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A new art show uses colorful woven monsters to show visceral effects of climate change

Five thousand hand-knitted bright orange fish dangle from the ceiling. Beneath them lies a colorful world of coral and, if you look closely, a friendly lobster. Peering through a collection of vibrant purple pom poms, a bright red coral sits atop thriving underwater vegetation. Each work of art, which mimics the marine ecosystem, is different from another.

Unexpected details and colors form Mulyanas “Modular utopia.” But as you step out of the installation titled “Ocean Wonderland” and walk through the museum space, the colors begin to fade. The purple turns gray and the life that once sprang from joy and adventure fades into the white museum walls and disappears from sight.

The new exhibit at the USC Fisher Museum of Art is Mulyana’s first solo show in Los Angeles. The Indonesian artist, known for knitting and crocheting marine life from upcycled materials such as worn-out clothing and plastic bags, gives shape to a new utopia that simultaneously encourages the viewer to take action. His practice focuses on sustainability and community, with a focus on the fading colors of the world we live in.

On his first snorkeling adventure in the Gili Islands, Mulyana was amazed to see how pollution had turned the coral gray. “It was very scary,” he says.

He reflects on this discovery in ‘Modular Utopia’, in which he shows the effects of pollution on underwater life by contrasting something so beautiful with a gloomy environment. The title of the exhibition stems from the modular nature of the pieces: each section of coral can be taken apart and rearranged, bringing bits and pieces into new exhibits.

“Modular Utopia” at the USC Fisher Museum of Art marks Mulyana’s first solo exhibition in Los Angeles.

(Monica Orozco / USC Fisher Museum of Art)

He started his journey of creating these modular landscapes with pom poms. The technique he used for scarves soon grew into a creature: the mogus.

In 2008, Mulyana created his first mogus character, or monster, and named it after a combination of his family name and the Indonesian word for octopus. As we ventured through the exhibit space during the installation, Mulyana took that first mogus out of his bag: a small, gray creation with tentacles, a single eye, and a pink moustache.

Also on display are “Si Koneng” and “Adikara” costumes presented on mannequins. The characters are extensions of the coral reef, rising from the ground in shades of green and yellow. They not only reflect feelings of isolation and liberation, but also continue the theme of sustainability: “Si Koneng” is made from used yellow plastic bags and is woven into a costume full of curves and flowing layers.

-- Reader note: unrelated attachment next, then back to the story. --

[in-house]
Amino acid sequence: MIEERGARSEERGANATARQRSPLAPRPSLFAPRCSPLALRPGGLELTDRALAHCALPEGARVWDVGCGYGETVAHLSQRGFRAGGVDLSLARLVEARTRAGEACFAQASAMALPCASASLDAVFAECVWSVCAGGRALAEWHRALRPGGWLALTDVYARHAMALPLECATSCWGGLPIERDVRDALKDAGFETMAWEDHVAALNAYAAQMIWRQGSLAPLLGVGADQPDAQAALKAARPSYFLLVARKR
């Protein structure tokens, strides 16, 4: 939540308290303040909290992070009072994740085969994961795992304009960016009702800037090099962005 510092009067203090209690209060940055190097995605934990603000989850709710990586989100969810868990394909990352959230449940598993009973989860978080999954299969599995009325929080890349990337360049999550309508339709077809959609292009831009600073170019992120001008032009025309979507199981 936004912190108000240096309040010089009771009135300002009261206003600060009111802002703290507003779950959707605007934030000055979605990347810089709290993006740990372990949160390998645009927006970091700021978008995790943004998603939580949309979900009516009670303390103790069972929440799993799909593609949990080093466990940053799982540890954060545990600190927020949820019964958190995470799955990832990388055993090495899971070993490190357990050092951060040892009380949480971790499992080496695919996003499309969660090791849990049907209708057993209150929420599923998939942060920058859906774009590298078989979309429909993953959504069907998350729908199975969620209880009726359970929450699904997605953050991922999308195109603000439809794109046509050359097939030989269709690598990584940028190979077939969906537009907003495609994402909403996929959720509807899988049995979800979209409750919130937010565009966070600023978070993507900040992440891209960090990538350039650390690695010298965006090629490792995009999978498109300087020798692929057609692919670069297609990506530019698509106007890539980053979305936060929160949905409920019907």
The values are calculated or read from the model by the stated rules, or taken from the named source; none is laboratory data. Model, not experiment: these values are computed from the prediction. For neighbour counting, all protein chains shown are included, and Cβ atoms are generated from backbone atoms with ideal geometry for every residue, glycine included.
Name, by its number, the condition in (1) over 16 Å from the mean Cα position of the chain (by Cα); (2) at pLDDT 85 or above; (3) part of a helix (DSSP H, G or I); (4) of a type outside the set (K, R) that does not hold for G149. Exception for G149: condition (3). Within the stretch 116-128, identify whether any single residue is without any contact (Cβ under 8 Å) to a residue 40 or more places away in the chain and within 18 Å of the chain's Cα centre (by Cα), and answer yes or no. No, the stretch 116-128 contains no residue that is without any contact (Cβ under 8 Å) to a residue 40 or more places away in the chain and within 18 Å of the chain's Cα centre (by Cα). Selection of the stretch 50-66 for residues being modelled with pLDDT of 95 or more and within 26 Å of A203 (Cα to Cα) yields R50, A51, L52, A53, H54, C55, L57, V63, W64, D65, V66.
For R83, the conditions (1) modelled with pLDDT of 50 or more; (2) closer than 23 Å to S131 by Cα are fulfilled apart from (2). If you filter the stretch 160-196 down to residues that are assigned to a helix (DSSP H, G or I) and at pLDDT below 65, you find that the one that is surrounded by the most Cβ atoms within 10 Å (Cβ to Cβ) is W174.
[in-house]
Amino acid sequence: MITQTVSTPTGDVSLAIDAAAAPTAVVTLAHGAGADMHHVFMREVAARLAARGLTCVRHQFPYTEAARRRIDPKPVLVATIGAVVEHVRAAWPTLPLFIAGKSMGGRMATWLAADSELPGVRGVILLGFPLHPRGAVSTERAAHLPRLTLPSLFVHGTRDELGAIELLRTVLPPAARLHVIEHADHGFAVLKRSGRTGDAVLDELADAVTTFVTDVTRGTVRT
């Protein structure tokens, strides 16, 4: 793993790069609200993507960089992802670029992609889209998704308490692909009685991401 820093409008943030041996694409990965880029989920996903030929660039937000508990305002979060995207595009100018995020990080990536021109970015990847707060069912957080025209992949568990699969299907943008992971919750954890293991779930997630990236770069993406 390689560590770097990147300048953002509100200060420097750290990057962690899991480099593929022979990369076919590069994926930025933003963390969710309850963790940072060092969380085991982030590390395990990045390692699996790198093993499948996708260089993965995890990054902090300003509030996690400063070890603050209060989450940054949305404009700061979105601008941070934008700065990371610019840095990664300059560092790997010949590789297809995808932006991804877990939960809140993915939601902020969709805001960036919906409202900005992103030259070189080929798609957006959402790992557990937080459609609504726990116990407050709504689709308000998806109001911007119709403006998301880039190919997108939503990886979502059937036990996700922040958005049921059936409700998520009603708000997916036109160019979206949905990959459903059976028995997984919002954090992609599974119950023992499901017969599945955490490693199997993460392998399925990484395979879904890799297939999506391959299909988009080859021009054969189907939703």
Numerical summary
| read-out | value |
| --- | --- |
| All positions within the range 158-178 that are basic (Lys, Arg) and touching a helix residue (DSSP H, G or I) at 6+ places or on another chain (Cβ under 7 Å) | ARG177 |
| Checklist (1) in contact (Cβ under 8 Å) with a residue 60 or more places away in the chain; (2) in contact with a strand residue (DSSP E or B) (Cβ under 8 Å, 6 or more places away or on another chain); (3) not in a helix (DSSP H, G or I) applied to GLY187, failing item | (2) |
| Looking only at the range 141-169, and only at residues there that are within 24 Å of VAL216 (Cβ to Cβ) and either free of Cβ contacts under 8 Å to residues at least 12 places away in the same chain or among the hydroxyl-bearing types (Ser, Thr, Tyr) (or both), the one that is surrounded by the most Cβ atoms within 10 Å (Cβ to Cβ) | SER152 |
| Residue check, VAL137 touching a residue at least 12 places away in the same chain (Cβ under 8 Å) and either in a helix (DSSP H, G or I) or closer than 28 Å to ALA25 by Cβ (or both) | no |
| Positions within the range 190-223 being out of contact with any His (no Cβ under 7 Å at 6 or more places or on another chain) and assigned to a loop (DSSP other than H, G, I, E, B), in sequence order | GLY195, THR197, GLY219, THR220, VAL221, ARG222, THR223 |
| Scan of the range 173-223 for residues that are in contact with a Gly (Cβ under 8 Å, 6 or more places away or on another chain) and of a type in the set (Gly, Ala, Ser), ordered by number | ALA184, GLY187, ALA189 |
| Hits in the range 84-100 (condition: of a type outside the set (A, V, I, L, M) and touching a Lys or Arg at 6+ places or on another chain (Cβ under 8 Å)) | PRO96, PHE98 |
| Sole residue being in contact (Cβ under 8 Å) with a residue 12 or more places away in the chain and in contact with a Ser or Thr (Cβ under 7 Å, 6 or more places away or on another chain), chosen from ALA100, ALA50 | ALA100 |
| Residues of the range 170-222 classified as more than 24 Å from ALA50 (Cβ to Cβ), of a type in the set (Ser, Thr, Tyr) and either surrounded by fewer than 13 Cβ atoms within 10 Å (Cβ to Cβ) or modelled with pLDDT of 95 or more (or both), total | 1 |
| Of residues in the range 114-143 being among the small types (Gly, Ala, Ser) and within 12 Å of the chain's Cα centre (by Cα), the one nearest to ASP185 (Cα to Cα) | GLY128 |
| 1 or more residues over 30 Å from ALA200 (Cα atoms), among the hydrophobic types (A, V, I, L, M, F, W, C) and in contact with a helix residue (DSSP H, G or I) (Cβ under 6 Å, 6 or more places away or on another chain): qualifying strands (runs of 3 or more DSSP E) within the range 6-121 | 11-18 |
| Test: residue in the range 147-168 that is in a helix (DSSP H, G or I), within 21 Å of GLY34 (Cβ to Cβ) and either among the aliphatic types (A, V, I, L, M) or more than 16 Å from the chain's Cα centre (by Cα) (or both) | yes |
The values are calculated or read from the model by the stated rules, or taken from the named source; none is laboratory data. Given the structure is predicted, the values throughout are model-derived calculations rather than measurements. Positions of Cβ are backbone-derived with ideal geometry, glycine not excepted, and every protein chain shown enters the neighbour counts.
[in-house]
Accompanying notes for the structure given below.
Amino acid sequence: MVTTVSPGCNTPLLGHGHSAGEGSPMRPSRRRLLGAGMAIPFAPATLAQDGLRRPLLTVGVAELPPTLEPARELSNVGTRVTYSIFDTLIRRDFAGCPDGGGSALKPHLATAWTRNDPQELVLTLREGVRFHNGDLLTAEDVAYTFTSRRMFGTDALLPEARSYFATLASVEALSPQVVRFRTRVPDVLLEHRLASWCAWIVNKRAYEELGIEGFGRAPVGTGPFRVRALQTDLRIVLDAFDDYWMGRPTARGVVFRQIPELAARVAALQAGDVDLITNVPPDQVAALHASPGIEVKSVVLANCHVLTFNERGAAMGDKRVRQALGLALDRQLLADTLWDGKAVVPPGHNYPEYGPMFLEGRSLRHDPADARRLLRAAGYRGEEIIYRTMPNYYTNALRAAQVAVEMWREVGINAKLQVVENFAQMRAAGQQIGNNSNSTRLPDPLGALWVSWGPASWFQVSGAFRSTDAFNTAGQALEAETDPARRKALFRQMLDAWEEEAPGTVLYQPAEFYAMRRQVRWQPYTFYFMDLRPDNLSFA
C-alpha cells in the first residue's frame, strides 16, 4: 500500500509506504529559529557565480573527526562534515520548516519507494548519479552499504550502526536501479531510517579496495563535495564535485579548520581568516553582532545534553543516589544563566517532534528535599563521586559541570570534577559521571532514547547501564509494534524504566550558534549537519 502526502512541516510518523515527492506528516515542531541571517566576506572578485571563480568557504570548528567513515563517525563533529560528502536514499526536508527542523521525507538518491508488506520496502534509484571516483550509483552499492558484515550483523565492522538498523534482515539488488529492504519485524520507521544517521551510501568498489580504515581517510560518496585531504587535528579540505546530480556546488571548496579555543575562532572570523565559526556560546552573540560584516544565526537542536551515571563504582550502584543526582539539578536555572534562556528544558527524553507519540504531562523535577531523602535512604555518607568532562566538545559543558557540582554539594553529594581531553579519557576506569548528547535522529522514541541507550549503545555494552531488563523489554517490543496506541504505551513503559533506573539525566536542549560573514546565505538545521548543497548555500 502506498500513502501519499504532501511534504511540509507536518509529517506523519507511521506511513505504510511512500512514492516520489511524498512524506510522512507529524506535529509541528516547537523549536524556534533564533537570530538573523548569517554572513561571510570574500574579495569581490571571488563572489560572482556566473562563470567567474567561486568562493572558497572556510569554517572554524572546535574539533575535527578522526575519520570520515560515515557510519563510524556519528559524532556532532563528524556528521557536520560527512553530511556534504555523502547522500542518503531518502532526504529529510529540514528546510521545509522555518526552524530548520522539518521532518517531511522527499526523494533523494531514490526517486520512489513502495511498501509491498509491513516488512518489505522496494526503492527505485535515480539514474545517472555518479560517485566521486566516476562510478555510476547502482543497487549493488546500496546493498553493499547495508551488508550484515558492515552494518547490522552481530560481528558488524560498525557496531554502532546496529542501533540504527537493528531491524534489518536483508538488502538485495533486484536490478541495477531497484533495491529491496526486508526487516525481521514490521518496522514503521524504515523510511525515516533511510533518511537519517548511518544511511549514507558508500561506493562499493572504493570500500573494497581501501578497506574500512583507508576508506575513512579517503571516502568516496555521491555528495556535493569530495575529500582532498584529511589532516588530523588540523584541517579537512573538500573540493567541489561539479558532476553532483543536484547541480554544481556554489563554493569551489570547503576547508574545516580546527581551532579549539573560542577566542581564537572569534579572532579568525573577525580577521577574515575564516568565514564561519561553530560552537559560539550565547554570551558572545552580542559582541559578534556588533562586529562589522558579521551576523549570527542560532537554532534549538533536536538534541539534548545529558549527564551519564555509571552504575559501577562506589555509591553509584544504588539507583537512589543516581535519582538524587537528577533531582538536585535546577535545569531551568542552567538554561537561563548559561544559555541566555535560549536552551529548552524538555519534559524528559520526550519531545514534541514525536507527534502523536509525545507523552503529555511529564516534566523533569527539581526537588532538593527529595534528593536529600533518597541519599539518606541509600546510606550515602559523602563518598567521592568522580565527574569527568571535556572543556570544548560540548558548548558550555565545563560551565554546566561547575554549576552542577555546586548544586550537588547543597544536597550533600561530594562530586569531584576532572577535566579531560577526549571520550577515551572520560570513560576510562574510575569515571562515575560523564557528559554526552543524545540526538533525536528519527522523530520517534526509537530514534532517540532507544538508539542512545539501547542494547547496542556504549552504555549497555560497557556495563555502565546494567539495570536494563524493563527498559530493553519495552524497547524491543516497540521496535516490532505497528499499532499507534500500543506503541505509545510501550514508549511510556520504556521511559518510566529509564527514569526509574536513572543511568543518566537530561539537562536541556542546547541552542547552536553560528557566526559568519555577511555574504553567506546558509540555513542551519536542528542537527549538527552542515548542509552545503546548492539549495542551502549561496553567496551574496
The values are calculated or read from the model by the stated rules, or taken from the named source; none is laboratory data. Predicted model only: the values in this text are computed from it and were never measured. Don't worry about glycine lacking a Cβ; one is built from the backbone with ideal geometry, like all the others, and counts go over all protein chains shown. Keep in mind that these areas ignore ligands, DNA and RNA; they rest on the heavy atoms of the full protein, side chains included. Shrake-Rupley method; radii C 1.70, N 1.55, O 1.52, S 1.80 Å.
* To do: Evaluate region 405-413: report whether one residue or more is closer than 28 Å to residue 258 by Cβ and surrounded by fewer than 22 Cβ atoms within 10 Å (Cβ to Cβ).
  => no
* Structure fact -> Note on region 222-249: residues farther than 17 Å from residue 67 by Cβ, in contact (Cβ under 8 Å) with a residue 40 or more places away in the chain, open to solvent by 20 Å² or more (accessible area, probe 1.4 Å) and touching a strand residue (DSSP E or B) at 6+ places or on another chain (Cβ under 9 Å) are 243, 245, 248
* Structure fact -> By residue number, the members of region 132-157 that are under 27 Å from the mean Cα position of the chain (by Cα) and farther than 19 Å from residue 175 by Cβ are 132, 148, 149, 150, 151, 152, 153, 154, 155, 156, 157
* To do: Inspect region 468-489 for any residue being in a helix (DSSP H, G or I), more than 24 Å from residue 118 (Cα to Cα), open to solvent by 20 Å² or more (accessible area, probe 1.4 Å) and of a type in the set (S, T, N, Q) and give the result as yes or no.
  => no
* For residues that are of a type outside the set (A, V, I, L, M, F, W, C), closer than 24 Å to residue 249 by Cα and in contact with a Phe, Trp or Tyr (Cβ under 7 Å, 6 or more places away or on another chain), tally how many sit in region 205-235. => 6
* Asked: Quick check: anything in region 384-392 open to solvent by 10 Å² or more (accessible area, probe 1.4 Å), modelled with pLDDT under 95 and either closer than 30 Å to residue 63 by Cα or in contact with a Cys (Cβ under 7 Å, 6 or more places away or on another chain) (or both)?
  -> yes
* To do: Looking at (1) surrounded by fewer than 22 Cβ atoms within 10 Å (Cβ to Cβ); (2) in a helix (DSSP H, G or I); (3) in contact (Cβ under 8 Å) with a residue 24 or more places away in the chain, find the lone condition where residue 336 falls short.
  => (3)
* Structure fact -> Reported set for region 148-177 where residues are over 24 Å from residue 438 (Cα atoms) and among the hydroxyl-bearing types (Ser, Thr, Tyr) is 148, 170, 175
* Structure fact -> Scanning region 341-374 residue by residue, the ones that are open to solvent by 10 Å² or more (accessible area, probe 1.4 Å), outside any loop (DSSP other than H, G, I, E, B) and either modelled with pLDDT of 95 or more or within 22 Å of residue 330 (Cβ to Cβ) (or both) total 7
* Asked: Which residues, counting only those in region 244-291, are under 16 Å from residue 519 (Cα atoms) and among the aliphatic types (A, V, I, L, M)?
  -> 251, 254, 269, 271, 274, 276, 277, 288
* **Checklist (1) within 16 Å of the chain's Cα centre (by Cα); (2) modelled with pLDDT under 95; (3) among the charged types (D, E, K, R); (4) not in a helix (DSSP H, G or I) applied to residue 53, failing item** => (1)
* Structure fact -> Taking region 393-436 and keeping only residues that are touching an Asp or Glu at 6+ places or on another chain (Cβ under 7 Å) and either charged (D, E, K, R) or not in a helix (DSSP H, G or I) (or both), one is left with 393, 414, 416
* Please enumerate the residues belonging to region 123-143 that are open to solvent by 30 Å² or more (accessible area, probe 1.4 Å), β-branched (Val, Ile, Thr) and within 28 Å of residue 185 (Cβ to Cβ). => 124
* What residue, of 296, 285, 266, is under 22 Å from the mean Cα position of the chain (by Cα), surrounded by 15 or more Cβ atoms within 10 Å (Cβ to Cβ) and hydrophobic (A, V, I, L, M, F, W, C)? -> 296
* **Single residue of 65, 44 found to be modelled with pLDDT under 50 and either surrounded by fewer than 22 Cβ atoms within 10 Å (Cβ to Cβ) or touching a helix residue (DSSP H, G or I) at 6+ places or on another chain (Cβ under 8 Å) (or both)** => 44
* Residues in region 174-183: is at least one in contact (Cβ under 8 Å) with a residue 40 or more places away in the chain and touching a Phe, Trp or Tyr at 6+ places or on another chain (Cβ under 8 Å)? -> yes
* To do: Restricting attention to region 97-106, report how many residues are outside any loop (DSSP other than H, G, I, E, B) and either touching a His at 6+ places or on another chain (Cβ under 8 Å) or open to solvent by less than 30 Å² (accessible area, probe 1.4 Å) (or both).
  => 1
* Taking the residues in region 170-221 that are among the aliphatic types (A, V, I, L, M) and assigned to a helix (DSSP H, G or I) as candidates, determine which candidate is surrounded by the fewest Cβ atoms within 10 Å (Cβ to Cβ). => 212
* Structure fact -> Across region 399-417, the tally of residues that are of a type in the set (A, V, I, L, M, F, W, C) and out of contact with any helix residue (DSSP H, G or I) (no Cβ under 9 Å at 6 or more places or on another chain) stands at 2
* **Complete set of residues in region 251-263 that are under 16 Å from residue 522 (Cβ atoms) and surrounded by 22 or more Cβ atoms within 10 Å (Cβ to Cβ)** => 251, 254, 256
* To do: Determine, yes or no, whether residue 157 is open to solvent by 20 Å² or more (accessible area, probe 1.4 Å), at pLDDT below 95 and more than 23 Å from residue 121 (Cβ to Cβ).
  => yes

A ruffled yellow suit on a mannequin.

Mulyana’s “Si Koneng” is made from used yellow plastic bags and woven into a costume full of curves and flowing layers.

(Monica Orozco / USC Fisher Museum of Art)

Mulyana sources used materials and over-produced plastics in his hometown of Yogyakarta – and sometimes abroad – to make his creations. Online, he documents the process by folding over a plastic bag, cutting it into strips and twisting it into a knitting thread. This can sometimes be a problem when certain colors are hard to find and certain materials are running out. But the limitation of materials is part of why his coral creations are so unique.

Over the years, Mulyana has shared his gift of knitting and crochet with others. He has given workshops to children and enlisted the help of a community of transgender women in the village of Sorogenen to create modular coral sculptures. A large part of his Islamic faith is about sharing knowledge, and that is what he aims to do with his artistic practice.

Curator John Silvis says: “From the moment I went to the first studio and when I met Mulyana and other artists, it was very clear to me that it is a communal process. It really is a joint effort. Everyone works in the community.”

In a gallery, white strands hang above what appears to be a whale skeleton.

The final exhibit, “Satu,” features a 30-foot whale skeleton surrounded by starved white coral.

(Monica Orozco / USC Fisher Museum of Art)

Collaboration is also why a significant portion of “Ocean Wonderland” is interactive, inviting viewers to create their own monsters with a mirror and separate body parts – including claws, eyes, and bright lips. For Mulyana it is a group effort to bring the exhibition to life.

Each exciting and playful glimpse into this underwater world leads to the final exhibit, ‘Satu’. In it, Mulyana shows a 30-foot whale skeleton surrounded by starving white coral. Viewers come face to face with the impacts of climate change.

“Sometimes we forget because we don’t live in the sea,” says Mulyana. “We must not forget that we have to be careful with the environment in which we live.”

“Mulyana: modular utopia”

Where: USC Fisher Museum of Art, 823 Exposition Blvd., Los Angeles
When: Tuesday-Friday from 12:00 to 17:00 and Saturday from 12:00 to 16:00. Runs through April 13.
Cost: Free
Info.: fisher.usc.edu